Some patients are ineligible to receive ORBERA®. Your doctor will ask you about your medical history and will also perform a physical examination to determine your eligibility for the device. Additionally, at the time of placement, the doctor may identify internal factors, such as stomach irritation or ulcers, which may prevent you from receiving ORBERA®.

You must not receive ORBERA® if you are pregnant, a woman planning to become pregnant within six months’ time, or breast-feeding.

Complications that may result from the use of ORBERA® include the risks associated with any endoscopic procedure and those associated with the medications and methods used in this procedure, as well as your ability to tolerate a foreign object placed in your stomach. Possible complications include: partial or complete blockage of the bowel by the balloon, insufficient or no weight loss, adverse health consequences resulting from weight loss, stomach discomfort, continuing nausea and vomiting, abdominal or back pain, acid reflux, influence on digestion of food, blockage of food entering the stomach, bacterial growth in the fluid filling the balloon which can lead to infection, injury to the lining of the digestive tract, stomach or esophagus, and balloon deflation.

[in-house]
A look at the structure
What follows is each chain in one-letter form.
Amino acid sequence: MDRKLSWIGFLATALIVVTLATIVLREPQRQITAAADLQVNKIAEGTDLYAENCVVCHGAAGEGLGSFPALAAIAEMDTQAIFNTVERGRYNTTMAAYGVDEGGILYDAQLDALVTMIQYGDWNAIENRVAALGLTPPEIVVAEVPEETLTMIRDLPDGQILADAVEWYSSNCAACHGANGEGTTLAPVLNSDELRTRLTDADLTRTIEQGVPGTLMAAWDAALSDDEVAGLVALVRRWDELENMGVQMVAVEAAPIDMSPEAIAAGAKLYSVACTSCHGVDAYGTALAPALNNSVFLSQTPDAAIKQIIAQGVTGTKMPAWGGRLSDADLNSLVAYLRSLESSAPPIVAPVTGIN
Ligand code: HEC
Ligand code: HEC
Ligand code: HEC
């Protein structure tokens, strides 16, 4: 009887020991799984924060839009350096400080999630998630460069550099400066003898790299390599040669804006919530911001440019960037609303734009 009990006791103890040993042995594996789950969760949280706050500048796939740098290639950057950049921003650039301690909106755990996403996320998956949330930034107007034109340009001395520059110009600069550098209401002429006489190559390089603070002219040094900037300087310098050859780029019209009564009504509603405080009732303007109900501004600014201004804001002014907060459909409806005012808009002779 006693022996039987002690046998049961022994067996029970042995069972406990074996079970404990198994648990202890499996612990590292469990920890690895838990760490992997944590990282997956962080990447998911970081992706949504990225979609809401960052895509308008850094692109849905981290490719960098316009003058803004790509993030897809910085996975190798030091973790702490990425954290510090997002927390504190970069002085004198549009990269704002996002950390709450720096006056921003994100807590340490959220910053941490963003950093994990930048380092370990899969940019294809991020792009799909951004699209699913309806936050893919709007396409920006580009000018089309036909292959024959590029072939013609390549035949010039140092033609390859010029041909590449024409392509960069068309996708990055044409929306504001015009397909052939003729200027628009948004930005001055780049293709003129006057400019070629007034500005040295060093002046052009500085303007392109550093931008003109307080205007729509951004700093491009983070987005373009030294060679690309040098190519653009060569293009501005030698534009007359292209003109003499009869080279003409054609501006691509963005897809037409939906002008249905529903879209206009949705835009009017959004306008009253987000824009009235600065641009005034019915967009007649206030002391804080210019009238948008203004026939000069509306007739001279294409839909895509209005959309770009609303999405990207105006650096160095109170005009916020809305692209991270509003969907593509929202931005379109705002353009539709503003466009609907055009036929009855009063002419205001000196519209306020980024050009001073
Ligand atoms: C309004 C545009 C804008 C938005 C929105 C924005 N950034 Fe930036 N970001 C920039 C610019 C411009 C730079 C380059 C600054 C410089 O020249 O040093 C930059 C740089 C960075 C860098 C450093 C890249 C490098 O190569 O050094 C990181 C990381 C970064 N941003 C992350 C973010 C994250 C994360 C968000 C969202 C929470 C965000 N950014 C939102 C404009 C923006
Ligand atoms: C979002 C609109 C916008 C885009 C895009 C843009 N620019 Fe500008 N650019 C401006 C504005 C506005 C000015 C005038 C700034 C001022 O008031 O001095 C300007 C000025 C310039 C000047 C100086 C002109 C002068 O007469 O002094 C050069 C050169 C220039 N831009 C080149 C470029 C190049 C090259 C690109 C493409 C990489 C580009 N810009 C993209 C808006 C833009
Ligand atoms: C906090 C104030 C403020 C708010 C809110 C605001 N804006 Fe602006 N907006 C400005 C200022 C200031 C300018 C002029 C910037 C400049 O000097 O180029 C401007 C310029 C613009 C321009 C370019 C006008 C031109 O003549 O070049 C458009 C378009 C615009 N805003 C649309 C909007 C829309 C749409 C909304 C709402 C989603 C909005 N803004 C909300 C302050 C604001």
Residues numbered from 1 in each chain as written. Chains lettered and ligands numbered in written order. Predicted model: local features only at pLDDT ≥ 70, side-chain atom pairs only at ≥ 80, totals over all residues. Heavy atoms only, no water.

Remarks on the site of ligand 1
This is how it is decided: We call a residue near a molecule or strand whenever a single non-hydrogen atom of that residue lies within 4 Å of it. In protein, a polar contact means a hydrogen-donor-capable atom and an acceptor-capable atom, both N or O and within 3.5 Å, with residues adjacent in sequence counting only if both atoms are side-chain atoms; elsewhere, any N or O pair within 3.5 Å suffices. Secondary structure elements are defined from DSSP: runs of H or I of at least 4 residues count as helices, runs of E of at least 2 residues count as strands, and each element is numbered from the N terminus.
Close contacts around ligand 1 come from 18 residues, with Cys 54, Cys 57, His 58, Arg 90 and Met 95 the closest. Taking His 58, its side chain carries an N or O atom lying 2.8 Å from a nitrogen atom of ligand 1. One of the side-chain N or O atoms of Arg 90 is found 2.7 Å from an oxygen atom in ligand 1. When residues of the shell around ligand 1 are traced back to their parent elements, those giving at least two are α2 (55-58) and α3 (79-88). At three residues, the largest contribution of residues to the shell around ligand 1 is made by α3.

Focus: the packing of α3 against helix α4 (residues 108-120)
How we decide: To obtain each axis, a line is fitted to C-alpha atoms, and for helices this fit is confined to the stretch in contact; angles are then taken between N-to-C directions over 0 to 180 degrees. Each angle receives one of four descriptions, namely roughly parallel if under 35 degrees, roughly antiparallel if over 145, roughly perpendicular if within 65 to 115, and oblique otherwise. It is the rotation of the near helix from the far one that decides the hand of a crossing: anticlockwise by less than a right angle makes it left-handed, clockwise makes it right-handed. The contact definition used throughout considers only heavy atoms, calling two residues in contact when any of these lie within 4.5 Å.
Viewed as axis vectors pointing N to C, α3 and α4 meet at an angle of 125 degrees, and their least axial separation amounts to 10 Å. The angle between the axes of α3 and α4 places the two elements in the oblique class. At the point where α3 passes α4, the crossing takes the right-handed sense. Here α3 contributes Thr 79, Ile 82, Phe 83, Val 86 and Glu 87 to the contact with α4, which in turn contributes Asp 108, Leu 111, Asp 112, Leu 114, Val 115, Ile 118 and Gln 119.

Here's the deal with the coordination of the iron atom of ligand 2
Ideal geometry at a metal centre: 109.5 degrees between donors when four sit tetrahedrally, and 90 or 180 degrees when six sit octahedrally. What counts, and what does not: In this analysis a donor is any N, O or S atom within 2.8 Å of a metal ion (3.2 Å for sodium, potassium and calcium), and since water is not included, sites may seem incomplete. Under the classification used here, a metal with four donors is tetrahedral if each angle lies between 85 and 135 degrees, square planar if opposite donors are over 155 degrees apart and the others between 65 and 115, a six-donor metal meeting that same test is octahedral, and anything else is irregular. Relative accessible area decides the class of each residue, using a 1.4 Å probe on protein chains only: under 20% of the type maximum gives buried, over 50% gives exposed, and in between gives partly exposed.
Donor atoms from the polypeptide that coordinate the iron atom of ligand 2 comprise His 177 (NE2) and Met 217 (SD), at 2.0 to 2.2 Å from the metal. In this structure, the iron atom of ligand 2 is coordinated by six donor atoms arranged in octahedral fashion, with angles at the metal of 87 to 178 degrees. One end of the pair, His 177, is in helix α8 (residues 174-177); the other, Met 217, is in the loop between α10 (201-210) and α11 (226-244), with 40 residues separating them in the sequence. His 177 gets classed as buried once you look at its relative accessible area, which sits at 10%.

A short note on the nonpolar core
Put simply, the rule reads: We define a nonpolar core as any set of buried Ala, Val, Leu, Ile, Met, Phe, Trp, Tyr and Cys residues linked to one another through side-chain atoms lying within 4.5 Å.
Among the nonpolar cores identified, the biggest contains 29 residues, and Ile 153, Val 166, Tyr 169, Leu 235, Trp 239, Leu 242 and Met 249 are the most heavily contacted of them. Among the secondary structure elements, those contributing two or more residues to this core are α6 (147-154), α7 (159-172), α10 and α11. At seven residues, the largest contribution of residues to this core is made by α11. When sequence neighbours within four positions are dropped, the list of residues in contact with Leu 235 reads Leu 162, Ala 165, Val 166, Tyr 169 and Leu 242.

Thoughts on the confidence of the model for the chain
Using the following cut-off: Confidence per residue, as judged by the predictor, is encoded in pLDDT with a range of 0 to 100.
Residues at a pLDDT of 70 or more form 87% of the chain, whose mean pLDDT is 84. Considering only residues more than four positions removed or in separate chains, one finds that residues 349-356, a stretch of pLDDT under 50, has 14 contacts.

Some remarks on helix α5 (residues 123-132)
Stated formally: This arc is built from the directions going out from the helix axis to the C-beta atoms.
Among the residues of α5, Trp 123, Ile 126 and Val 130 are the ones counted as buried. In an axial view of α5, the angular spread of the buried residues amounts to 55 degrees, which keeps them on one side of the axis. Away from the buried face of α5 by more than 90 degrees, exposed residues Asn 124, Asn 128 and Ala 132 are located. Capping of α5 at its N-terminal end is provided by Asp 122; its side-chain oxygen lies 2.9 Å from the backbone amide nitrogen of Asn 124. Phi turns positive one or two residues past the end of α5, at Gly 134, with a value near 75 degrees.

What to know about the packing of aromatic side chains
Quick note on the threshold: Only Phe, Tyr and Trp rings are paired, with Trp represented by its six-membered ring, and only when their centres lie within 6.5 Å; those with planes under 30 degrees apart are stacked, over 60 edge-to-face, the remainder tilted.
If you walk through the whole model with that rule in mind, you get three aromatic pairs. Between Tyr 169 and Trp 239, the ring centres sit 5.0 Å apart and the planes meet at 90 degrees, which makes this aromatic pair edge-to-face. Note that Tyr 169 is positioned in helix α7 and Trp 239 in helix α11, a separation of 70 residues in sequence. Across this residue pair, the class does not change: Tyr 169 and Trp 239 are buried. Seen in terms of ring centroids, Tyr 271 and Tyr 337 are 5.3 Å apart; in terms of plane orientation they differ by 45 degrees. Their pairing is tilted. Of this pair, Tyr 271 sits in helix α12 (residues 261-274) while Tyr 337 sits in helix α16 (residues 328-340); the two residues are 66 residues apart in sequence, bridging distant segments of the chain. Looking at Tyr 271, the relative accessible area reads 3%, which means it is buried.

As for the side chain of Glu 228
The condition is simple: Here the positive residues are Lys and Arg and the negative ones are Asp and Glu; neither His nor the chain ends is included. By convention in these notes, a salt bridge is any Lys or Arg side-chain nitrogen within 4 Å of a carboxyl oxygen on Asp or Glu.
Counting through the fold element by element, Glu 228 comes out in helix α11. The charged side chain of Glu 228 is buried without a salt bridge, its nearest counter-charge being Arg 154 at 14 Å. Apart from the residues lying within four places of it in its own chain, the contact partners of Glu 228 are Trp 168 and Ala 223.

And if at the very bottom of that page you follow their link to full safety information, you find this - a lengthy PDF meant for physicians detailing the procedure and adverse events and complications. Do take a look.

So what we have here is another device, like the AspireAssist, which is basically a device which works by inducing bulimia without the messiness of vomiting. And though less drastic than the various and sundry bariatric surgery procedures, nevertheless physically assaults the fat person’s body, causes pain and other unpleasant side effects and which can kill the patient, all in the name of eliminating fat. Procrustes’ dream!